SBI has a dedicated cadre, and has recently recruited 2,500 officers to work in rural areas in marketing and recovery. Its book size is around Rs 4 lakh crore from rural and semi-urban regions, accounting for 35 per cent of the bank's total business and 65-70 per cent of the number of accounts. Already, at an all-India level, SBI enjoys 23 per cent-plus market share for deposits and advances in rural regions. SBI branches are not only opening accounts or remitting money, but are also selling financial products such as pension schemes and mutual funds. By January, they will also start selling insurance products tailor-made for rural clients.
One area where SBI lags its peers is technology. But the bank is not shying away from tackling the problem. In fact, it has a dedicated server for its rural business and has partnered with low-cost technology providers such as Fino and Eko to provide banking services through business correspondents and banking facilitators. Currently, SBI has 11 national and 193 regional alliances. "It is costly and difficult to set up a bank. But because it is difficult, we don't want to deprive, as well as miss an opportunity, to give access to potential customers. So, we have alternative channels — bank correspondents who can do small cash transactions by accepting and disbursing cash," explains Sinha.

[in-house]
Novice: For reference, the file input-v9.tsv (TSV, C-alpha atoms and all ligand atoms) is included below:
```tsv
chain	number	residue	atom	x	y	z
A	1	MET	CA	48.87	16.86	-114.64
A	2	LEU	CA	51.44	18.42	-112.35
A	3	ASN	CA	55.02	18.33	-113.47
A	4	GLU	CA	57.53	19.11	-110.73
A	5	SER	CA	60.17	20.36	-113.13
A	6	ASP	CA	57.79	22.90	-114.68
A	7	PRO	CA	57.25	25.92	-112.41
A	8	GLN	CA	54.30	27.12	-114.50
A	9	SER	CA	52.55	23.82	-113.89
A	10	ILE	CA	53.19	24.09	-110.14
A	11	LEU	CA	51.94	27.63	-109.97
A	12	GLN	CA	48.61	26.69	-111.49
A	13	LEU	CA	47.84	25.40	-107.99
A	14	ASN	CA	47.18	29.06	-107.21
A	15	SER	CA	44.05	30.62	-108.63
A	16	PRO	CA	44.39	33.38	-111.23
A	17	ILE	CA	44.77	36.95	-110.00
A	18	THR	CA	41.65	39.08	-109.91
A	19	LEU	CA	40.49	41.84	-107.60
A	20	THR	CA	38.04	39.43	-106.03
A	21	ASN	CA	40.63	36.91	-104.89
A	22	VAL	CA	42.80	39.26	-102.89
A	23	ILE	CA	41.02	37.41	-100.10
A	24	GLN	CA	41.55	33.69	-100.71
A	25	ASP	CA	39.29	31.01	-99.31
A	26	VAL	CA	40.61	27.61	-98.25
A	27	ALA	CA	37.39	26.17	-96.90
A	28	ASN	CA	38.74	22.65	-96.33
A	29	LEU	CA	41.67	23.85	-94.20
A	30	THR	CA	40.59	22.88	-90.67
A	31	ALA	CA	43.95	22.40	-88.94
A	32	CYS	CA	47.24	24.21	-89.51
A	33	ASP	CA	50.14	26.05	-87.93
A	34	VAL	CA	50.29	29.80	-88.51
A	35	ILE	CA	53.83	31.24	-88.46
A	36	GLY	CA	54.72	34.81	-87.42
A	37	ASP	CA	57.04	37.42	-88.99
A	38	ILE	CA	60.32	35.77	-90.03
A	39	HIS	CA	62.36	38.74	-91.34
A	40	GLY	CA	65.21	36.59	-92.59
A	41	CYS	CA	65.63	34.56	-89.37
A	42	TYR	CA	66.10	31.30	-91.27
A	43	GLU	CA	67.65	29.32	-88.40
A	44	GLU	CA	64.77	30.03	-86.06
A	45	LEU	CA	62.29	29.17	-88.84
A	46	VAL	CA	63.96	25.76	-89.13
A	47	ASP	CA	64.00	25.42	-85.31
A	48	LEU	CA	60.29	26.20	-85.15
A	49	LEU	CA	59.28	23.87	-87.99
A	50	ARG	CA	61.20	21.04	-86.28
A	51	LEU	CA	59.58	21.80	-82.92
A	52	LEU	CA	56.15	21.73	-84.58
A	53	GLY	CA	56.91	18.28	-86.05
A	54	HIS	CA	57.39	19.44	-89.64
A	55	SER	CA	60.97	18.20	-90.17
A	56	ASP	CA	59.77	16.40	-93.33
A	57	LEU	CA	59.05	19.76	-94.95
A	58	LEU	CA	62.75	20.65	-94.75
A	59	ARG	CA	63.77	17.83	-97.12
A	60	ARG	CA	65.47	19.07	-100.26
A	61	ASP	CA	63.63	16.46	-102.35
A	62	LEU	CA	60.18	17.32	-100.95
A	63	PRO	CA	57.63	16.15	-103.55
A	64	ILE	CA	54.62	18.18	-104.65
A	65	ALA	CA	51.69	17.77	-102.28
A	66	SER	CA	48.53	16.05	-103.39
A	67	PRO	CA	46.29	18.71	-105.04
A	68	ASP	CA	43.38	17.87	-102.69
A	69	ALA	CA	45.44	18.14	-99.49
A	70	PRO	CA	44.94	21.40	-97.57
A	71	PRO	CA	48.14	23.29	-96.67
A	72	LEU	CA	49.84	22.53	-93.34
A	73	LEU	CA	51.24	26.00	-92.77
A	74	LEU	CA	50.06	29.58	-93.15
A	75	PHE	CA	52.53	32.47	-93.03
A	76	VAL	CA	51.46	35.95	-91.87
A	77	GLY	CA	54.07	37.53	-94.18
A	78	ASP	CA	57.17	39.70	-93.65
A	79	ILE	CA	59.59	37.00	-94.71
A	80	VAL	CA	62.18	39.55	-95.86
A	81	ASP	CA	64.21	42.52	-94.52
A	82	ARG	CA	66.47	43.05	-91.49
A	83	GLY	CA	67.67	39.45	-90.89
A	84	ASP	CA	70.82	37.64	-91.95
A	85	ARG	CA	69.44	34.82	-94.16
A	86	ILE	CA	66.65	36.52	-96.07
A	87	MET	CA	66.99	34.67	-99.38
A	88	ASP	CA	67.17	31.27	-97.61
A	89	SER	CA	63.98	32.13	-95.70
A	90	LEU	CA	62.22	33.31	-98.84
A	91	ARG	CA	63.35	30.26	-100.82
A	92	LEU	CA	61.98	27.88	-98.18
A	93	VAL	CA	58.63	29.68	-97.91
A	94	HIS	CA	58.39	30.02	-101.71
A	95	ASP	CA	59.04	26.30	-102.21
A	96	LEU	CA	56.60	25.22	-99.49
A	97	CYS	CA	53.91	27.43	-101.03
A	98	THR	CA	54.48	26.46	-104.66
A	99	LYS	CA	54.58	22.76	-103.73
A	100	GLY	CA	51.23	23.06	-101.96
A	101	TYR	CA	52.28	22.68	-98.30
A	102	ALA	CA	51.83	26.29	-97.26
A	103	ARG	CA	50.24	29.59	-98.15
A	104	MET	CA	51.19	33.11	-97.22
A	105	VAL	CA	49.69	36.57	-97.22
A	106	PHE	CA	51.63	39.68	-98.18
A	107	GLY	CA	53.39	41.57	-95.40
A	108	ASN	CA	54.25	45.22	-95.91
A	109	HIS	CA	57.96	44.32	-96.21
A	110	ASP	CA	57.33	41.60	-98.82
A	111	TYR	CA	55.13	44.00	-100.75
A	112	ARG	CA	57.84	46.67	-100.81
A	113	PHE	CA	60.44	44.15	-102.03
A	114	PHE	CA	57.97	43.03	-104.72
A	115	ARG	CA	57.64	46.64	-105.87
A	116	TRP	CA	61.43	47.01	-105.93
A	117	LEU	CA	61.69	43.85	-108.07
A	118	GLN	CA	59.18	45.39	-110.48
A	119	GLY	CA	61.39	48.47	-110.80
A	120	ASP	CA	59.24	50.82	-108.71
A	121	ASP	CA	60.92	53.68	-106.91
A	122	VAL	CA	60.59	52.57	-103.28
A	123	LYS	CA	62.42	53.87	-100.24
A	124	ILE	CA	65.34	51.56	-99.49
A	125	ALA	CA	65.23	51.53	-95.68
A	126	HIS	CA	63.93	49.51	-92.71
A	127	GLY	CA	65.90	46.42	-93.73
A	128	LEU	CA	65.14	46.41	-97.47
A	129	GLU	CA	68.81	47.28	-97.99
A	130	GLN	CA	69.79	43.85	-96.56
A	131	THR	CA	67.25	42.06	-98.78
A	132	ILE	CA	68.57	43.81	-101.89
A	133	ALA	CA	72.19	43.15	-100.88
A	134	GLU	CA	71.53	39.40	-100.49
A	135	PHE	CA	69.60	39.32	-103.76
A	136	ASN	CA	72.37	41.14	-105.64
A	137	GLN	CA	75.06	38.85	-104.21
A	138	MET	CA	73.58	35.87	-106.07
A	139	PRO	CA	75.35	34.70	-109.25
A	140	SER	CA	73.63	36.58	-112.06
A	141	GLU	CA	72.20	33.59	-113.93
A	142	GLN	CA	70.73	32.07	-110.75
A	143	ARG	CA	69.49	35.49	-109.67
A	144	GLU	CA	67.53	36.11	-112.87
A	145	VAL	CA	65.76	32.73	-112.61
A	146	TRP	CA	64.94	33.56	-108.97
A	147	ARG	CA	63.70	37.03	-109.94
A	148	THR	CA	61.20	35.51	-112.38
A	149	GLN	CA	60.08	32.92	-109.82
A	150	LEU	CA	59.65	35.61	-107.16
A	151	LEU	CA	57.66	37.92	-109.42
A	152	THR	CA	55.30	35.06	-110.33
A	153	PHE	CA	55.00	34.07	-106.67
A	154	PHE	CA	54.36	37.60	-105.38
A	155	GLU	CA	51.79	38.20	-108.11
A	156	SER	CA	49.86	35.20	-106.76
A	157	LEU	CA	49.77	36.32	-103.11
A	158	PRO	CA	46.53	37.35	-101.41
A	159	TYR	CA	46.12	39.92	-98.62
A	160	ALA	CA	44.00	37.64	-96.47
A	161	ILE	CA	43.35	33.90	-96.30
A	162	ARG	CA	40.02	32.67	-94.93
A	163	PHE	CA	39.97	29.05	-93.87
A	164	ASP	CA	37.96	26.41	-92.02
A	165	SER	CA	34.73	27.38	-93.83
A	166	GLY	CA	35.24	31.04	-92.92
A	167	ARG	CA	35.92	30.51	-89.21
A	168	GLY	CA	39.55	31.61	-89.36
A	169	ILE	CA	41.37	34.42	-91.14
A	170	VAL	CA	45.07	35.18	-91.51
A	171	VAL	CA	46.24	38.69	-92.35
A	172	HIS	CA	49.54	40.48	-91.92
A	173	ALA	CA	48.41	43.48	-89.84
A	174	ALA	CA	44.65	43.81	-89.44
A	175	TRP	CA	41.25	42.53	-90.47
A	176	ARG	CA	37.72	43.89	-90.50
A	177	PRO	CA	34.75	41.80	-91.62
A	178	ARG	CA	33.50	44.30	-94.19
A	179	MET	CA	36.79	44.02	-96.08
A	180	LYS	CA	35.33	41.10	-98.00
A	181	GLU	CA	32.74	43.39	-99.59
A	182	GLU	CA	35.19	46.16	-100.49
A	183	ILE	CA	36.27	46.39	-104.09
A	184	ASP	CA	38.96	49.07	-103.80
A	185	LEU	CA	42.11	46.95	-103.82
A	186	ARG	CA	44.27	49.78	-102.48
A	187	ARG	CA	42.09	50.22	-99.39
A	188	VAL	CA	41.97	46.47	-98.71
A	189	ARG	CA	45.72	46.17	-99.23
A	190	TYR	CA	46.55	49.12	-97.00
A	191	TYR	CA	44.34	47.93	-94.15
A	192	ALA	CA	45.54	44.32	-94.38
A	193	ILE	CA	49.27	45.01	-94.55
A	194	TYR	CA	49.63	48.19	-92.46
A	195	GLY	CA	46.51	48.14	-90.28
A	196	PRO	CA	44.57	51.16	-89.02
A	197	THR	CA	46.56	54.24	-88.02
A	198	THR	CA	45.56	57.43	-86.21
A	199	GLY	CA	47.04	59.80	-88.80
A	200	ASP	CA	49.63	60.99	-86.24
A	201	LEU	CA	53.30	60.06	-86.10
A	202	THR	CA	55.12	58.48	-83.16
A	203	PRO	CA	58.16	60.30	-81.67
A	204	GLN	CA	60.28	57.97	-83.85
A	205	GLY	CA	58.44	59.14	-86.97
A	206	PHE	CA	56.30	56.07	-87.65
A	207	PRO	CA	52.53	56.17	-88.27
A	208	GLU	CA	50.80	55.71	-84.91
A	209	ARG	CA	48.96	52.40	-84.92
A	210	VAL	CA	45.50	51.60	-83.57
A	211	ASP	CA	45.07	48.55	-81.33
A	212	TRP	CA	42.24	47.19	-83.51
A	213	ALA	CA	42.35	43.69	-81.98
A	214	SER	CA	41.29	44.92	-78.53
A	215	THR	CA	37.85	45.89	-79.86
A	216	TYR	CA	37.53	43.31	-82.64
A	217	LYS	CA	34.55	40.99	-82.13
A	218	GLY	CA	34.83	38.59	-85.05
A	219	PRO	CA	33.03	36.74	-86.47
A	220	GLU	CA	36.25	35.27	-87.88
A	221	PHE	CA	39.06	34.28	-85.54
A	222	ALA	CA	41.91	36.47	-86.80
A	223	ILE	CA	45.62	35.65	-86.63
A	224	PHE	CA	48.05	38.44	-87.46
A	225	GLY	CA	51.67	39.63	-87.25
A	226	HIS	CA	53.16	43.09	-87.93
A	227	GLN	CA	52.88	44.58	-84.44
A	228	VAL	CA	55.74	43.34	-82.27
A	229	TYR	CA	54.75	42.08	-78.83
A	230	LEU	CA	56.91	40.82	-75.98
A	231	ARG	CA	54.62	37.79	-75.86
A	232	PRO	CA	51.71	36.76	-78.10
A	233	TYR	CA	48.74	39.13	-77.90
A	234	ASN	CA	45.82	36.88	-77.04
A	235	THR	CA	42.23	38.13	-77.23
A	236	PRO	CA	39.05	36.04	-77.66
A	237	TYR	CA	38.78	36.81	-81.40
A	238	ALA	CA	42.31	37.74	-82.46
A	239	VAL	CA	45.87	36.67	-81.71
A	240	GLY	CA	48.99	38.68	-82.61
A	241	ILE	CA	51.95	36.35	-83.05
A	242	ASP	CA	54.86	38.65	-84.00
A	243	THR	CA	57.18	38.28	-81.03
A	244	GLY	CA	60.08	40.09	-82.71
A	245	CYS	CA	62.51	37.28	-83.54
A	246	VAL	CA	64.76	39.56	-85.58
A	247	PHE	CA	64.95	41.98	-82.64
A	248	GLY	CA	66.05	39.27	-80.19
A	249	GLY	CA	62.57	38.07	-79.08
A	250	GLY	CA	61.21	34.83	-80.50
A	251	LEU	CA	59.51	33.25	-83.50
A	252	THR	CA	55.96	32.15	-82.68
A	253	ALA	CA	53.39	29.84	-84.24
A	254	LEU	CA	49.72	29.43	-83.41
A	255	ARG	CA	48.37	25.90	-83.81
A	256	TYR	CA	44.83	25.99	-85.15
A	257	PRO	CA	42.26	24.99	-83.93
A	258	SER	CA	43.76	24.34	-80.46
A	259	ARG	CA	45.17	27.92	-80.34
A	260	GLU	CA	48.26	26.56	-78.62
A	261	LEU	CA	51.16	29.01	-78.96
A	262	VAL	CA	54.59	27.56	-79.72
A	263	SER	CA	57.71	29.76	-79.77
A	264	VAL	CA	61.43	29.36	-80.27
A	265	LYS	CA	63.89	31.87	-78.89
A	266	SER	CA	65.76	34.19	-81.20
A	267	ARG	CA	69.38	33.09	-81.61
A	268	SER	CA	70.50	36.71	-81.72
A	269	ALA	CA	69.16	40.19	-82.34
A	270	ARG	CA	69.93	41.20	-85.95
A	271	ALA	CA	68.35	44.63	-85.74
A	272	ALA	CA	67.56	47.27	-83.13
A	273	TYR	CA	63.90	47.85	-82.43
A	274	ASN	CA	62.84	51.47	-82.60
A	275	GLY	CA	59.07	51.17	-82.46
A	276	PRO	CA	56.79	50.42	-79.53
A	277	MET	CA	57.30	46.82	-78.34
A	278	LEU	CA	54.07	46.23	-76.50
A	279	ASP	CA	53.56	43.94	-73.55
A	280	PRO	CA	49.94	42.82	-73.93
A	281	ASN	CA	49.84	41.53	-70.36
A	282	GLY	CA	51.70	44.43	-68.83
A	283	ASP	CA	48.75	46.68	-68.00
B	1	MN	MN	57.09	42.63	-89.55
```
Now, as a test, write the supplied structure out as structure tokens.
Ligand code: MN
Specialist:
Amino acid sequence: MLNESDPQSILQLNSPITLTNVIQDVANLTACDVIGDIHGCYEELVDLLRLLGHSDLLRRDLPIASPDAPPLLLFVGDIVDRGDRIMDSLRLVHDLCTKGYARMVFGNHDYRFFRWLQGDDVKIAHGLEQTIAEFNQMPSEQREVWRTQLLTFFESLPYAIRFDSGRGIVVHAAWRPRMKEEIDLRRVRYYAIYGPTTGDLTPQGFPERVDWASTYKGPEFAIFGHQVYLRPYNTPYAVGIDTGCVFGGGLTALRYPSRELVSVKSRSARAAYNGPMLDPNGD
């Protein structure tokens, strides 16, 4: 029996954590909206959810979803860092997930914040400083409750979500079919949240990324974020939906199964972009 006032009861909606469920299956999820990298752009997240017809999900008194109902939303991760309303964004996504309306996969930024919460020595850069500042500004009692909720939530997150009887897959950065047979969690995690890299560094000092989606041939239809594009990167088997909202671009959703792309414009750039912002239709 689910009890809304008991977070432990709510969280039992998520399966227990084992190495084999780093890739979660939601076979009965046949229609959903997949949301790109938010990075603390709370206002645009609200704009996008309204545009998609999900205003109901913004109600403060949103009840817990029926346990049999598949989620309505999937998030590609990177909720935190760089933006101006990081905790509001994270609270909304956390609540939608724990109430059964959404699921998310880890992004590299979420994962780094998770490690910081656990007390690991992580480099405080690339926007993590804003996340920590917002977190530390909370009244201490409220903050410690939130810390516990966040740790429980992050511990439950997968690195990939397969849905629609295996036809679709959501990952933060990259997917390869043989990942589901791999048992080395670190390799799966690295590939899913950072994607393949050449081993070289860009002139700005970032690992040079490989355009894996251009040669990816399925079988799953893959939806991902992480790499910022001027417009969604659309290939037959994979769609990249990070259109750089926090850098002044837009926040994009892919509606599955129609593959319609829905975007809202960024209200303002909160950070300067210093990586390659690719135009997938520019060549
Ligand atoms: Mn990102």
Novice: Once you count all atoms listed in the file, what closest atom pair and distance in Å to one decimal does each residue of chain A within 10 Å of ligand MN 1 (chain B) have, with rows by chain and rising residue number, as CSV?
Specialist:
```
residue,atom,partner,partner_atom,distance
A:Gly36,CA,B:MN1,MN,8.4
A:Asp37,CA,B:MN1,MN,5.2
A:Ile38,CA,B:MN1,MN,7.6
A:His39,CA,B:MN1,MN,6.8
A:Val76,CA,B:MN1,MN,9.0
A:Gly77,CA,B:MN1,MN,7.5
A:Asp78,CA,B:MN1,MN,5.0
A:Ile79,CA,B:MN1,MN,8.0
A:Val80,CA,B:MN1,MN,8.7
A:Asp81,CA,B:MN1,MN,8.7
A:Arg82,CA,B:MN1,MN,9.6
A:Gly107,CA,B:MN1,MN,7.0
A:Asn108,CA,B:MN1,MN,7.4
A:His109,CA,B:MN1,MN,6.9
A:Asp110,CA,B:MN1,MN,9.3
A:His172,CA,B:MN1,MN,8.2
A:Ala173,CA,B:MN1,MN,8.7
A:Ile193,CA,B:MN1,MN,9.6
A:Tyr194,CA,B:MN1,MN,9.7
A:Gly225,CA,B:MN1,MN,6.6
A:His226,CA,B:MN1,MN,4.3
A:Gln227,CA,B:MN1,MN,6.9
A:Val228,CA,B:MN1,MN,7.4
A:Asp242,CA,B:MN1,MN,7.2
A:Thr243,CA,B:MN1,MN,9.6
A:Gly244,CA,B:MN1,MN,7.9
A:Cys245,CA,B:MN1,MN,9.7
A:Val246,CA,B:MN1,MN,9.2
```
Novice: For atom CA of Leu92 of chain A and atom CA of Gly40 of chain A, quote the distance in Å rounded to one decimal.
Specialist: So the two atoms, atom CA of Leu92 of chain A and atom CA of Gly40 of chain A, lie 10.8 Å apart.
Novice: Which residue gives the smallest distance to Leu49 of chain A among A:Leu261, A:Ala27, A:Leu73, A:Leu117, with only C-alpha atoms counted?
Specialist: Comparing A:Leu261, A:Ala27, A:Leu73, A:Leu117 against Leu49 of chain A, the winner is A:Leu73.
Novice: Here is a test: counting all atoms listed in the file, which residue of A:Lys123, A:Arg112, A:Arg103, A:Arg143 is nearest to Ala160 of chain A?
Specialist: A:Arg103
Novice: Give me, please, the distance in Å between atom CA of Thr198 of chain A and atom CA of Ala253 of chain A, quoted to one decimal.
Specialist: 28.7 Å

SBI has around 14,394 customer service points in 28 states and plans to take this to 50,000 in the next three years. It is not just creating products, but also creating a demand for the products by encouraging rural employment. It has 77 rural self-employment training institutes that encourage entrepreneurship. The plan is to take the count of institutes up to 120. SBI also aims to provide banking access in 12,399 unbanked villages by 31 March 2012. So far, it has covered 905 unbanked villages with a population of above 2,000 each.